Art museums often serve dual purposes: to display works of art in an aesthetically pleasing fashion, and to preserve those works for future generations.
GE’s Infusion™ LED Modules and Journée lighting fixtures provide improved control to light artwork while saving on energy and maintenance costs. (Photo credit: The Virginia Museum of Contemporary Art, 2014.)
Preservation and maintaining aesthetics are two goals that pose unique challenges, and a flexible lighting system in a gallery environment is crucial to each. The Virginia Museum of Contemporary Art (MOCA) recently took a big step in enhancing its commitment to both by installing Zinnia™ LED lighting fixtures by Journée Lighting, featuring GE’s Infusion™ LED Modules.
“For MOCA’s purposes, the winning attribute of this product was the pairing of high-quality light and flexibility of the product to meet the ever-changing needs of temporary art exhibits,” said Kate Pittman, MOCA’s director of operations. “MOCA maintained its appearance and receives all the added benefits of energy-efficient lighting without the concern for harmful heat and high electrical bills.”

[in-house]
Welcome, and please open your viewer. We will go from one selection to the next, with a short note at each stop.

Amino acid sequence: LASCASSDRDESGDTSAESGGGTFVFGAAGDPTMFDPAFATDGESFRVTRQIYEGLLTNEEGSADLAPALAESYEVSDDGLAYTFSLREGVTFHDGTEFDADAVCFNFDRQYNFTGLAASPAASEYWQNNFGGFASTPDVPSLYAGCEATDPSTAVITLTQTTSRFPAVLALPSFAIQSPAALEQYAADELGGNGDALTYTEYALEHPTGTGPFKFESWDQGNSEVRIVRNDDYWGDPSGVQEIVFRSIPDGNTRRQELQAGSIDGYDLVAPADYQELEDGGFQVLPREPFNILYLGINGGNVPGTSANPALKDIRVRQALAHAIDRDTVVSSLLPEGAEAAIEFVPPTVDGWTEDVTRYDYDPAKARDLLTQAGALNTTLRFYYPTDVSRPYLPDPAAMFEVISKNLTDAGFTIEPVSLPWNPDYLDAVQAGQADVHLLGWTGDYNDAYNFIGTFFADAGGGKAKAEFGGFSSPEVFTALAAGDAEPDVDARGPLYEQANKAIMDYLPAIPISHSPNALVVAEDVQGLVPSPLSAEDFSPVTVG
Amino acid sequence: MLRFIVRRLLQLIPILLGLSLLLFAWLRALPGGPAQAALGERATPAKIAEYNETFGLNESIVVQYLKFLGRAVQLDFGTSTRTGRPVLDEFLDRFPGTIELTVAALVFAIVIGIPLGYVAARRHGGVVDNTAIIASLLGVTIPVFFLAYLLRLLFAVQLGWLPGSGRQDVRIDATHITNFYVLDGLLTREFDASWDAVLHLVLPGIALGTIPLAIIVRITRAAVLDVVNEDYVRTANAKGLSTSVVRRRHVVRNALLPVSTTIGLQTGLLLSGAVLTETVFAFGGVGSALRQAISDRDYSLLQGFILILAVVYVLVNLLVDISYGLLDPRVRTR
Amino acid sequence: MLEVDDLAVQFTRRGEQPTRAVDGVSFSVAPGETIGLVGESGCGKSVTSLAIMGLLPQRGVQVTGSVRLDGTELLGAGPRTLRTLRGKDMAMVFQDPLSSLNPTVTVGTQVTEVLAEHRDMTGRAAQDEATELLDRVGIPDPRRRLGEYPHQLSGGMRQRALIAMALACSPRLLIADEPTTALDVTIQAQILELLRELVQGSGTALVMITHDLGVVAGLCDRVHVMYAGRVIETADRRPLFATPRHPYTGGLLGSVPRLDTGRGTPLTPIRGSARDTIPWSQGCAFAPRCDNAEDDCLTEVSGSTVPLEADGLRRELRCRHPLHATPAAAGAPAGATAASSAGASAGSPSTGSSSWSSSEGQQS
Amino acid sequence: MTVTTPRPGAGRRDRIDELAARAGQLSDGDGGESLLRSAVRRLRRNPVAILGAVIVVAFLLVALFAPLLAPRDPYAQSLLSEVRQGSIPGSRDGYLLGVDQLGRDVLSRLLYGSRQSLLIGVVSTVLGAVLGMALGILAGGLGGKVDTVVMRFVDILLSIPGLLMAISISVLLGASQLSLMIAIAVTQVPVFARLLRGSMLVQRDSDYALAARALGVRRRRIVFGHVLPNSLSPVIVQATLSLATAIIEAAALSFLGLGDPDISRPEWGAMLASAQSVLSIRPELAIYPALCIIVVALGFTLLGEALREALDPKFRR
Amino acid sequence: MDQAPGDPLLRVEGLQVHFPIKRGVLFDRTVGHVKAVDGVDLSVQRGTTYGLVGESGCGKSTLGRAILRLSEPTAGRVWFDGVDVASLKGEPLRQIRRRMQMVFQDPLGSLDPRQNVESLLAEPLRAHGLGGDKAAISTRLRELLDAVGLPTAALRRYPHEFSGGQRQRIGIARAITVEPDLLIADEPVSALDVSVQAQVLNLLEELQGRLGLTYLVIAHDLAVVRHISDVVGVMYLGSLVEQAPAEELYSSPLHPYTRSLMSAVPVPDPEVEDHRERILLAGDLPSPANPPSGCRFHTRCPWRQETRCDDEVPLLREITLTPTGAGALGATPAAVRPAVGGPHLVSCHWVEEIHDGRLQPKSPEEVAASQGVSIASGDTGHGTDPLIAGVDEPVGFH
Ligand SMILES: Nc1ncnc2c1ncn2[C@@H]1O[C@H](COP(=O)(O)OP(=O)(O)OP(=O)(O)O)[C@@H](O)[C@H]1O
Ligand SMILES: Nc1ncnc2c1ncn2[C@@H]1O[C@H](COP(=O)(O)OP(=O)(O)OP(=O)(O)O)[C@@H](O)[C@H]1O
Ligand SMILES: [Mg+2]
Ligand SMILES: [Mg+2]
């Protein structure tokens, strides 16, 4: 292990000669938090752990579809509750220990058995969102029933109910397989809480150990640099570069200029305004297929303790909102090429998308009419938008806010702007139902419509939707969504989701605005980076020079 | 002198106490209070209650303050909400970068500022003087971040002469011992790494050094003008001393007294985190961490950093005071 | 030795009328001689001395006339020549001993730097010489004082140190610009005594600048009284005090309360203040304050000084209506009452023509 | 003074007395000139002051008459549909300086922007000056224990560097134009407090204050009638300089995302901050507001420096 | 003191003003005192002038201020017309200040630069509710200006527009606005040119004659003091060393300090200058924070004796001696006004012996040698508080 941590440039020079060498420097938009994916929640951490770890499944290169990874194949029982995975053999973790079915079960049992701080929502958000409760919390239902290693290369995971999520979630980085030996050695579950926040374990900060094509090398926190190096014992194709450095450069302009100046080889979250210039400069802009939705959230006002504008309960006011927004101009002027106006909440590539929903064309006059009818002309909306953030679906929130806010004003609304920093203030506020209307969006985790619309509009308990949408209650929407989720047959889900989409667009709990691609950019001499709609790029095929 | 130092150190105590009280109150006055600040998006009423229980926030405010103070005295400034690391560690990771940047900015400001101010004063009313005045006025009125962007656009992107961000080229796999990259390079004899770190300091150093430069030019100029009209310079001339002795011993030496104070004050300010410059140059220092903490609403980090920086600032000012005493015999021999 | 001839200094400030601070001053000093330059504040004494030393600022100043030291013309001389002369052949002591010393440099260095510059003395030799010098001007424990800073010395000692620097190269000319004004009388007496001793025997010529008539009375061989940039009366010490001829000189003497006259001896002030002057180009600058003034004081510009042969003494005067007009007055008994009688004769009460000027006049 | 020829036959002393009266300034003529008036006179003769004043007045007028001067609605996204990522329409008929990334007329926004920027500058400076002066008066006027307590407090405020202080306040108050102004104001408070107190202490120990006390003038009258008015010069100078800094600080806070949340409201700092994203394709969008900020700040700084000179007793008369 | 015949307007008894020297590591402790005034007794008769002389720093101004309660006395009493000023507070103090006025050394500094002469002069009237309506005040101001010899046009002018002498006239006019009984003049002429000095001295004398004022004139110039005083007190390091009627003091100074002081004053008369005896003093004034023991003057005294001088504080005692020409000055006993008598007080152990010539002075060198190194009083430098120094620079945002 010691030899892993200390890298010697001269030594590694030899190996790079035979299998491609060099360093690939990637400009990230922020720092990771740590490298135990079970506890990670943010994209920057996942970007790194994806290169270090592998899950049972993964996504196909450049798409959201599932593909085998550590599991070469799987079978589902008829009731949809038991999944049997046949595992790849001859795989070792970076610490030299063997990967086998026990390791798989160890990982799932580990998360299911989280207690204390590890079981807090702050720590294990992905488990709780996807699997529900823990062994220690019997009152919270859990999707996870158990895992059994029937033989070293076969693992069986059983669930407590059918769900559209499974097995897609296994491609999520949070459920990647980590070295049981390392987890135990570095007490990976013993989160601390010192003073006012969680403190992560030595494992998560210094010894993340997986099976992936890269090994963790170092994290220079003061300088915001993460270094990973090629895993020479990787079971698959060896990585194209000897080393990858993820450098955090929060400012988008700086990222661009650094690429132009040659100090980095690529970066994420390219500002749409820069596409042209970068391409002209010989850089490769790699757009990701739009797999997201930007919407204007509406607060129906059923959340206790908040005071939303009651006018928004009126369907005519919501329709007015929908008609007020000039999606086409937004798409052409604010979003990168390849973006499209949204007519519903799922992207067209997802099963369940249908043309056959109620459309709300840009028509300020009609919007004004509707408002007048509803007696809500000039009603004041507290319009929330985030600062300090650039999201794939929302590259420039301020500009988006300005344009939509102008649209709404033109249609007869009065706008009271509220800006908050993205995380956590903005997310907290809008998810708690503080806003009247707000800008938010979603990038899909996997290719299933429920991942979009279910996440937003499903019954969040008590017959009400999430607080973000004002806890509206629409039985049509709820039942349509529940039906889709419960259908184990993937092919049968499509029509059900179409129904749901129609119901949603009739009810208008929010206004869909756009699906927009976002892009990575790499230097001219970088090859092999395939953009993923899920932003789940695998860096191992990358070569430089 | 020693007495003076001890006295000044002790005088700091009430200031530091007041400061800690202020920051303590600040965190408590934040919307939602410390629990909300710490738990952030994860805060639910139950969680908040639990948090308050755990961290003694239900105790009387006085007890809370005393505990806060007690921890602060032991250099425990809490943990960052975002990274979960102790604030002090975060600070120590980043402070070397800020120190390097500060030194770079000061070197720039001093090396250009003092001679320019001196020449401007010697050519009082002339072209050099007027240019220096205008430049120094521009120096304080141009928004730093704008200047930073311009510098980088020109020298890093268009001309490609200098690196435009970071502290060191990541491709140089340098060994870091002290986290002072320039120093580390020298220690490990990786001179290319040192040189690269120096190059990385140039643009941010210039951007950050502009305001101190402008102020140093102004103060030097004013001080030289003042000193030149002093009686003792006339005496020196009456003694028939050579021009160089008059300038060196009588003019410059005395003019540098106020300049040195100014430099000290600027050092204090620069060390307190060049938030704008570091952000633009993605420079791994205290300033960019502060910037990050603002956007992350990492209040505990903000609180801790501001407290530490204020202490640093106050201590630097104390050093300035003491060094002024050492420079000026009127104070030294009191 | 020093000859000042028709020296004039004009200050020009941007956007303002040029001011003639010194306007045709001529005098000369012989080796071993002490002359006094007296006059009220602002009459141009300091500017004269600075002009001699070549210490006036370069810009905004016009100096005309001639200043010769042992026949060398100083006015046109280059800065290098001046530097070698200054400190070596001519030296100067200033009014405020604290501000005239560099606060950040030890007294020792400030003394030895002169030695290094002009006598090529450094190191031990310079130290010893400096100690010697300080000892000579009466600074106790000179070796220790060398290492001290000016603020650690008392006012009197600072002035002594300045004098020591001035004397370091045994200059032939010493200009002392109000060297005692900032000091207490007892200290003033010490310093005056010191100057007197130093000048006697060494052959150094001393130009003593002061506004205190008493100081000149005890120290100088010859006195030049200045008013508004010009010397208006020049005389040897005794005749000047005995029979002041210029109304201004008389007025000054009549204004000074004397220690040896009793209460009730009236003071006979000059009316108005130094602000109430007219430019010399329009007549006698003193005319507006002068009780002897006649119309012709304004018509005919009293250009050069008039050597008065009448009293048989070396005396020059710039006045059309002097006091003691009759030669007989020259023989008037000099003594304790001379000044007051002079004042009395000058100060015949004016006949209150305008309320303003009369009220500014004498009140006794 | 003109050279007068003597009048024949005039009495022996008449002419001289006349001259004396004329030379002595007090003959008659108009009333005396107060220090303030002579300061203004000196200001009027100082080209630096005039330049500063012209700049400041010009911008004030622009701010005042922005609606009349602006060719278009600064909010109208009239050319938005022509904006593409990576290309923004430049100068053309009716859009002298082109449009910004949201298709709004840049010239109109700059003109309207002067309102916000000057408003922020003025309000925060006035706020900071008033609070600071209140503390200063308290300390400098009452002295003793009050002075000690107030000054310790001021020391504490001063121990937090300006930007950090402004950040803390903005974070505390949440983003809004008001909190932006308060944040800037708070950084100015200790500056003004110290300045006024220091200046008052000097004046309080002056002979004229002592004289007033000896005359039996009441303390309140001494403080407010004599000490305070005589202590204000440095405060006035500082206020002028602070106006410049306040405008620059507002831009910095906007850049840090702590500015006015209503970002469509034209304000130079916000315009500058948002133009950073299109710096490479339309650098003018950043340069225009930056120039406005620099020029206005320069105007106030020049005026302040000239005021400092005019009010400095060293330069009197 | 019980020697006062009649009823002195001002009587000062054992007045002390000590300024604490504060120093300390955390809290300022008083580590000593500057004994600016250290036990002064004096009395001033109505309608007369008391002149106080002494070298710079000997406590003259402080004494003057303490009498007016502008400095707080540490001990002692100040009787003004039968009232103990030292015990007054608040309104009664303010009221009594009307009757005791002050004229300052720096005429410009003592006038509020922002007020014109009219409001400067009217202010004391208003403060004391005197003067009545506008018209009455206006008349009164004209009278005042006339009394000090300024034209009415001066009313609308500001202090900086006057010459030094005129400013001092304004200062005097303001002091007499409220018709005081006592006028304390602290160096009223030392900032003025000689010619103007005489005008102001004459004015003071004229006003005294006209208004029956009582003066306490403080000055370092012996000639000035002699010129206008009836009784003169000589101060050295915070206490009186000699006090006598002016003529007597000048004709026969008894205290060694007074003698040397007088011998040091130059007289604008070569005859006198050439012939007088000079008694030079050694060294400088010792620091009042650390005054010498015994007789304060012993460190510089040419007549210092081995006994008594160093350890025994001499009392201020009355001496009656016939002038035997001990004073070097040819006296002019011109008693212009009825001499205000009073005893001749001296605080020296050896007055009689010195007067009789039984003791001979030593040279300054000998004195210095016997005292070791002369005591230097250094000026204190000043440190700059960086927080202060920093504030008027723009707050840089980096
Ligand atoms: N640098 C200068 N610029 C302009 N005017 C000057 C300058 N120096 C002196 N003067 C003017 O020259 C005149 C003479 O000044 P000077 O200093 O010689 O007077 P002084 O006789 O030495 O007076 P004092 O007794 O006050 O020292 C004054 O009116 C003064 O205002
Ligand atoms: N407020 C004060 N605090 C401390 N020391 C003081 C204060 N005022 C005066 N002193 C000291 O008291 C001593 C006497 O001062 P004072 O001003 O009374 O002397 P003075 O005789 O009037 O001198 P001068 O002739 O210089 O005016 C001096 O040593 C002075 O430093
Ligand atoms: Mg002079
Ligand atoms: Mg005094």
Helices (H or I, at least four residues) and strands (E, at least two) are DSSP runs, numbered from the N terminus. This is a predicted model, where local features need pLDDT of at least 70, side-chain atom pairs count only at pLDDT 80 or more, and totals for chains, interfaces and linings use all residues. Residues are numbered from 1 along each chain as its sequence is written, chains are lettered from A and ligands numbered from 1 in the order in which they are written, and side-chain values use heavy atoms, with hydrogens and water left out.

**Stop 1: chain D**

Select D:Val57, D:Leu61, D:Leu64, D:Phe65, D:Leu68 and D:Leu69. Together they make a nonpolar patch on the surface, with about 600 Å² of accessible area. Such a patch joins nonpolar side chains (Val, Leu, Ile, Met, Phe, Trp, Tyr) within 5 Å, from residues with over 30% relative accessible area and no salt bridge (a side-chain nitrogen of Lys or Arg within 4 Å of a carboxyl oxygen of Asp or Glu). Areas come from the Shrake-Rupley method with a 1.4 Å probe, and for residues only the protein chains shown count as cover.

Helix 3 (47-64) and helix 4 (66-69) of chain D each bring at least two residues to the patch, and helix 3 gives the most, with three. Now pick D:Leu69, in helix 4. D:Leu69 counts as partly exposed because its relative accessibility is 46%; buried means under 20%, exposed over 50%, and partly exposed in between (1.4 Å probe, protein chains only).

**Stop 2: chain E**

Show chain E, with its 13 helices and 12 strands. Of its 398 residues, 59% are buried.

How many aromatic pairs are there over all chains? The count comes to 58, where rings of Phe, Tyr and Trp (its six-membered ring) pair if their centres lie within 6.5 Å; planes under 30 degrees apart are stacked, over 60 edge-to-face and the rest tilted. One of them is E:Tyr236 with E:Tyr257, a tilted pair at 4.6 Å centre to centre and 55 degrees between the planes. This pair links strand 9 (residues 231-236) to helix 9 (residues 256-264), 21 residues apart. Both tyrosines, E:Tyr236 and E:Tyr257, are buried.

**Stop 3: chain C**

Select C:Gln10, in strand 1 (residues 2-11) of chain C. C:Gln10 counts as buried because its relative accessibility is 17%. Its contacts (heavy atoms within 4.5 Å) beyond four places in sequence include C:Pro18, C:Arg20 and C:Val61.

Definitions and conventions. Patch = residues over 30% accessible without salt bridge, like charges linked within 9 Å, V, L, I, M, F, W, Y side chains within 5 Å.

MOCA replaced traditional 75-watt PAR halogen lamps with more than 450 new Zinnia LED luminaires outfitted with the Infusion LED Modules. The LED solution from GE Lighting offers a color rendering index of 90; a 2700K color temperature; and a dramatic reduction in IR radiation and UV radiation, both of which are carefully monitored in museums due to their harmful effects on artwork.With twist-fit installation, a common socket design and an extensive range of compatible luminaires, GE’s Infusion LED Modules offer a flexible solution for museum environments. The simple, removable modules allow MOCA to update its lighting without having to replace entire lighting fixtures. By switching to LED lighting, the museum will reap significant savings, Pittman said. The new system is expected to pay for itself within seven years, and will allow for a significant decrease in maintenance and upkeep.